1) Know the firm
Perhaps the most fatal mistake made by under-prepared interviewees is not being able to distinguish a firm from its competitors. The high likelihood of a question along the lines of “Why this firm?” being asked gives applicants the perfect opportunity to impress the interviewer with their knowledge and understanding of the firm’s strategy, identity and strengths.
2) Know yourself
An interviewer cannot be expected to believe your reasons for wanting to be a commercial solicitor if you are not sure of them yourself. Employers look for commitment, and confidently explaining the reasons behind your career choice is the best way to demonstrate it. On a more personal level, be familiar with your personality, understand which aspects of it – and your life in general – make you interesting, and allow them to shine through at the interview.
3) Know your application
There is one element of the interview for which you can be perfectly prepared: questions based on your application form. Go over it beforehand and ensure that your preparation for the interview reflects the themes and answers you have included. Taking a copy of your application to the interview is useful strategy, but there is no excuse for being unfamiliar with its content.
4) Prepare for competency questions
Questions may focus on a specific set of facts and having a large bank of examples tailored to the competencies most relevant to the legal world will allow you to give strong answers. Think about what the interviewer is looking for with each question and check that your examples demonstrate key skills. Try to stress positives in those examples which initially appear negative – for example, what you learnt from a time when you did not succeed.
5) Commercial awareness
This is a less elusive concept that it may seem. Staying up to date with current affairs and having knowledge of the legal market is essential. Being comfortable discussing economic policy, finance and related areas may be required for some firms – it is best to ask around. If faced with a challenging case study remember to think commercially before legally and answer using common sense and general principles of business.
6) Keep note of what you do during your time at the firm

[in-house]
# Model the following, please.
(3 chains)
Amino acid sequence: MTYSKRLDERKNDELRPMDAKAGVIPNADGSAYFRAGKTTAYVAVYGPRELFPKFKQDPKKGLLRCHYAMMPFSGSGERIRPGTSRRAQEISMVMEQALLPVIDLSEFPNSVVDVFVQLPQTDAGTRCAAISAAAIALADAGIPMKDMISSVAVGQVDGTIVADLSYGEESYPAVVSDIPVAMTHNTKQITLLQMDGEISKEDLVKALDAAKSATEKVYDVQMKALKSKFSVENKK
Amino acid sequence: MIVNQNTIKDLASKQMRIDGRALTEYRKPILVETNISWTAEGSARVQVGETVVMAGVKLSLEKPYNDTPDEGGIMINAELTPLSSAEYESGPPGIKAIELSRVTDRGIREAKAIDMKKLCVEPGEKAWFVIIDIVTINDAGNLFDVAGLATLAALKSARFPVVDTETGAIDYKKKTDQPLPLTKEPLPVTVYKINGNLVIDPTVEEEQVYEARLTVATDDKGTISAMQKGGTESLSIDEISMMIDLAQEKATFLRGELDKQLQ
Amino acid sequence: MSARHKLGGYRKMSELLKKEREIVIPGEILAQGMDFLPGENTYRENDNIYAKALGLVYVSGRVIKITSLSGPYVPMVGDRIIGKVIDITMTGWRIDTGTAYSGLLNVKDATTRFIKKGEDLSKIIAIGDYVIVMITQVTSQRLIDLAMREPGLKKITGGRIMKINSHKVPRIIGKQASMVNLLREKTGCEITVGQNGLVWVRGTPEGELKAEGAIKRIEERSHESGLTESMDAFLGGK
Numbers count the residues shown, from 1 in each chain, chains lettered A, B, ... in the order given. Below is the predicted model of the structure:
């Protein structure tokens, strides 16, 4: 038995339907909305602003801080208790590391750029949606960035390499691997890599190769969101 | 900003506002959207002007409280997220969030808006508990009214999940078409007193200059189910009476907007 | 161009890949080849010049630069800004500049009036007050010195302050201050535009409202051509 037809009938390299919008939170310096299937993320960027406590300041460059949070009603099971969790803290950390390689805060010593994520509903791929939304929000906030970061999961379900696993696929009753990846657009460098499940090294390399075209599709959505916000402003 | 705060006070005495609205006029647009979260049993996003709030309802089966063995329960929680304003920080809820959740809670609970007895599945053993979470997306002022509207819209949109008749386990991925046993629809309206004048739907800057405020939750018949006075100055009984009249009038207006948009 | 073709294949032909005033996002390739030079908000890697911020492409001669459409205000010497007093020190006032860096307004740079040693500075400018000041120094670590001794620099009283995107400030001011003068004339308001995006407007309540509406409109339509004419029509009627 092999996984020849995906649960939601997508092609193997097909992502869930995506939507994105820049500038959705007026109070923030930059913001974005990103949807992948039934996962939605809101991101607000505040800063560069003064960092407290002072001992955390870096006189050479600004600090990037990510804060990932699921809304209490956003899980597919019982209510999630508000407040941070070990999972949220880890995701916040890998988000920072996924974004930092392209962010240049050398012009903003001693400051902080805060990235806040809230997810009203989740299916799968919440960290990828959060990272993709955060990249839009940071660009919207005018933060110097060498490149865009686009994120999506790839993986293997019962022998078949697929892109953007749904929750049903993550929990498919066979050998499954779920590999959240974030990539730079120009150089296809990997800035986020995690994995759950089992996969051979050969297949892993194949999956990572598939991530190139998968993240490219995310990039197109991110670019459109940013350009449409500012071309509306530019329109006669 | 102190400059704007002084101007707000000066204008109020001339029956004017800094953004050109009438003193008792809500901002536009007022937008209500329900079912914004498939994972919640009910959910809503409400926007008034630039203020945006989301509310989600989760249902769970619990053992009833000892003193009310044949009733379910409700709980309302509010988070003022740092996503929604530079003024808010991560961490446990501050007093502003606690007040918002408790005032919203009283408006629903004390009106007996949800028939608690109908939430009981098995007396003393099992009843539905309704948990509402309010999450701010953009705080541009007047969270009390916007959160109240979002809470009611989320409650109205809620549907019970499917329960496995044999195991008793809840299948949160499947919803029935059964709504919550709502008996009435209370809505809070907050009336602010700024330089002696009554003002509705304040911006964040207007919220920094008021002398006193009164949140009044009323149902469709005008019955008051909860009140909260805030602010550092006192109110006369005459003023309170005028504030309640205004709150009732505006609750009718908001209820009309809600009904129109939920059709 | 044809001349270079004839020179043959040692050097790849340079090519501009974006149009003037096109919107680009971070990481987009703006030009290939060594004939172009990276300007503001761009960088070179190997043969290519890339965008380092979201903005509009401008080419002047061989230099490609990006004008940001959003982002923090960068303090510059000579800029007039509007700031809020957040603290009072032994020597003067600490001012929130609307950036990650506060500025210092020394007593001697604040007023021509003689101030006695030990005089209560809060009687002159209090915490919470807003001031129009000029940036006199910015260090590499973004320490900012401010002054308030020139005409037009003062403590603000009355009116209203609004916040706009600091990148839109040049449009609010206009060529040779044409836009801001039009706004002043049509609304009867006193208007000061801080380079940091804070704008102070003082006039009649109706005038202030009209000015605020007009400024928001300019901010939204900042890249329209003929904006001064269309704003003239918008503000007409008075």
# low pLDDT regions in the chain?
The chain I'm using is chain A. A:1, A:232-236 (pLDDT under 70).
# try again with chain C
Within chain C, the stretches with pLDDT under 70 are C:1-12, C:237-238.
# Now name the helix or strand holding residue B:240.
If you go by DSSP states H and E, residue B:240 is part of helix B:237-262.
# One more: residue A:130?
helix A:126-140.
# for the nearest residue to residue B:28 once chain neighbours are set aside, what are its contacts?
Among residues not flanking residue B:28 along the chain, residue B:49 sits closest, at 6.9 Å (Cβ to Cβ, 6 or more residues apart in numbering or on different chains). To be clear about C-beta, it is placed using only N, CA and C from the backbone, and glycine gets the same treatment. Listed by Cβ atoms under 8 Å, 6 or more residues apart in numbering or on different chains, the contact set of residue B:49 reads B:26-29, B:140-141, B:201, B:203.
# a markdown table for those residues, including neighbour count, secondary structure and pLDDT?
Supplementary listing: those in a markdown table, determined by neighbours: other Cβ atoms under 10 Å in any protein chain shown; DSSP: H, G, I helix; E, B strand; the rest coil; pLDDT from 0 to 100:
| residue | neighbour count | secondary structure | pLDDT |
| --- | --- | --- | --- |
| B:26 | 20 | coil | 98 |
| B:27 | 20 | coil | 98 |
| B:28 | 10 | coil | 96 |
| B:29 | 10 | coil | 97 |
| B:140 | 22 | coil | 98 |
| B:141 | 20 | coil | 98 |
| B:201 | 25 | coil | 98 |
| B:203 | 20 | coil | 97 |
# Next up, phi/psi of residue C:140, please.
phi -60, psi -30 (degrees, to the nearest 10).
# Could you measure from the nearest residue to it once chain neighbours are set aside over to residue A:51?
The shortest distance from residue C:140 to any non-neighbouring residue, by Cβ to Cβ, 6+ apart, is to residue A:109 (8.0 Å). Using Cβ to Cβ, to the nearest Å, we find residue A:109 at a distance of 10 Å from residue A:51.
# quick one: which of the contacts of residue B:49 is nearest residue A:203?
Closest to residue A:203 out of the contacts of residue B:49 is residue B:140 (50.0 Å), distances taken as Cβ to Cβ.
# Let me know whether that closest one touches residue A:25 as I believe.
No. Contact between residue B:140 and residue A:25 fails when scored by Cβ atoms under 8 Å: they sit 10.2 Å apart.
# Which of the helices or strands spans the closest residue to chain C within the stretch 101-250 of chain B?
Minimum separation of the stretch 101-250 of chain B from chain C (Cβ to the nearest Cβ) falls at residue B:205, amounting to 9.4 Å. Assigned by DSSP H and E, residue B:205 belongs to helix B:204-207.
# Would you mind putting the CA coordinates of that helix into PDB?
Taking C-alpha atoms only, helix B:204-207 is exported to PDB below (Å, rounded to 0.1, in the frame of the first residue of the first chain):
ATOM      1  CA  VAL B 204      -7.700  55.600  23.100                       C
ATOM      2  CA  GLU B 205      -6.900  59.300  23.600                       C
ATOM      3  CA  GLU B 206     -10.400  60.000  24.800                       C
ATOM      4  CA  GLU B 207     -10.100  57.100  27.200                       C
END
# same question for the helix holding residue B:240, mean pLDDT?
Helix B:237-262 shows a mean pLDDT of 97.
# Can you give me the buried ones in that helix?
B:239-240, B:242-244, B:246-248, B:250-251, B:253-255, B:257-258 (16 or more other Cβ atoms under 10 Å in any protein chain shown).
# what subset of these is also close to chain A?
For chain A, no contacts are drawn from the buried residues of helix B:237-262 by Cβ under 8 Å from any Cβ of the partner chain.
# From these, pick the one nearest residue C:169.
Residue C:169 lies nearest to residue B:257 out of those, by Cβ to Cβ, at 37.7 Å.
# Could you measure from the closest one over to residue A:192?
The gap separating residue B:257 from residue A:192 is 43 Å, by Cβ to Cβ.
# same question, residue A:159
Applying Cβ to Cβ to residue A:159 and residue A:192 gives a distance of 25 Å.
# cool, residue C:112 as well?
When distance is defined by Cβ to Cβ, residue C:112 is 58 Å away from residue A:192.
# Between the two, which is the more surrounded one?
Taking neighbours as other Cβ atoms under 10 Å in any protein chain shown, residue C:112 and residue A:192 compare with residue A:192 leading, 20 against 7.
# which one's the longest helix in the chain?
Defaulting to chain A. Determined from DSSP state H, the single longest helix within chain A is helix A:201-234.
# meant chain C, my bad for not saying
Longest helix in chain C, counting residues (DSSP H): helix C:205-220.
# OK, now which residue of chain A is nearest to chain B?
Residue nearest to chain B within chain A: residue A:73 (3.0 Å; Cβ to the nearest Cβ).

If you are to participate in an exit interview at the end of a vacation scheme you may be asked to describe which aspects of the scheme and which tasks you found most enjoyable, which tasks you found difficult, and how you responded to any challenges that you faced.
7) Take your time and be clear in your answers
Use your interview to show your clarity of mind and strong communication skills. Instead of rushing to answer questions take a brief moment to gather and organise your thoughts. When faced with a tough question it is better to explain to your interviewer that you need to take slightly longer to think, or admit that you do not know the answer, than panicking and giving a rushed or rambling answer.
8) Don’t be a clone
Your interviewer is looking for someone who will contribute positively to the office dynamic and who can, in the future, be put in front of clients. In addition to showing evidence of interests outside of law, being confident, personable, and maintaining eye contact will help to distinguish you from other applicants with equally strong CVs. If you have properly prepared for an interview you should have nothing to worry about.
9) Asking questions isn’t compulsory
Intelligent questions will be well received but if your interview is at the end of a vacation scheme it is understandable if you have none left to ask. It is best to avoid asking any questions to which the answers can be found on the home page of the firm’s graduate website.
10) An interview is a two-way process
To judge the atmosphere of a firm solely on an interview is unadvisable, but its tone and content are often useful pieces of a larger puzzle. My final interview with Burges Salmon reinforced the professional yet supportive environment which I had experienced during my vacation scheme; the atmosphere was relaxed and although the questions were challenging none were asked with the aim of tripping me up.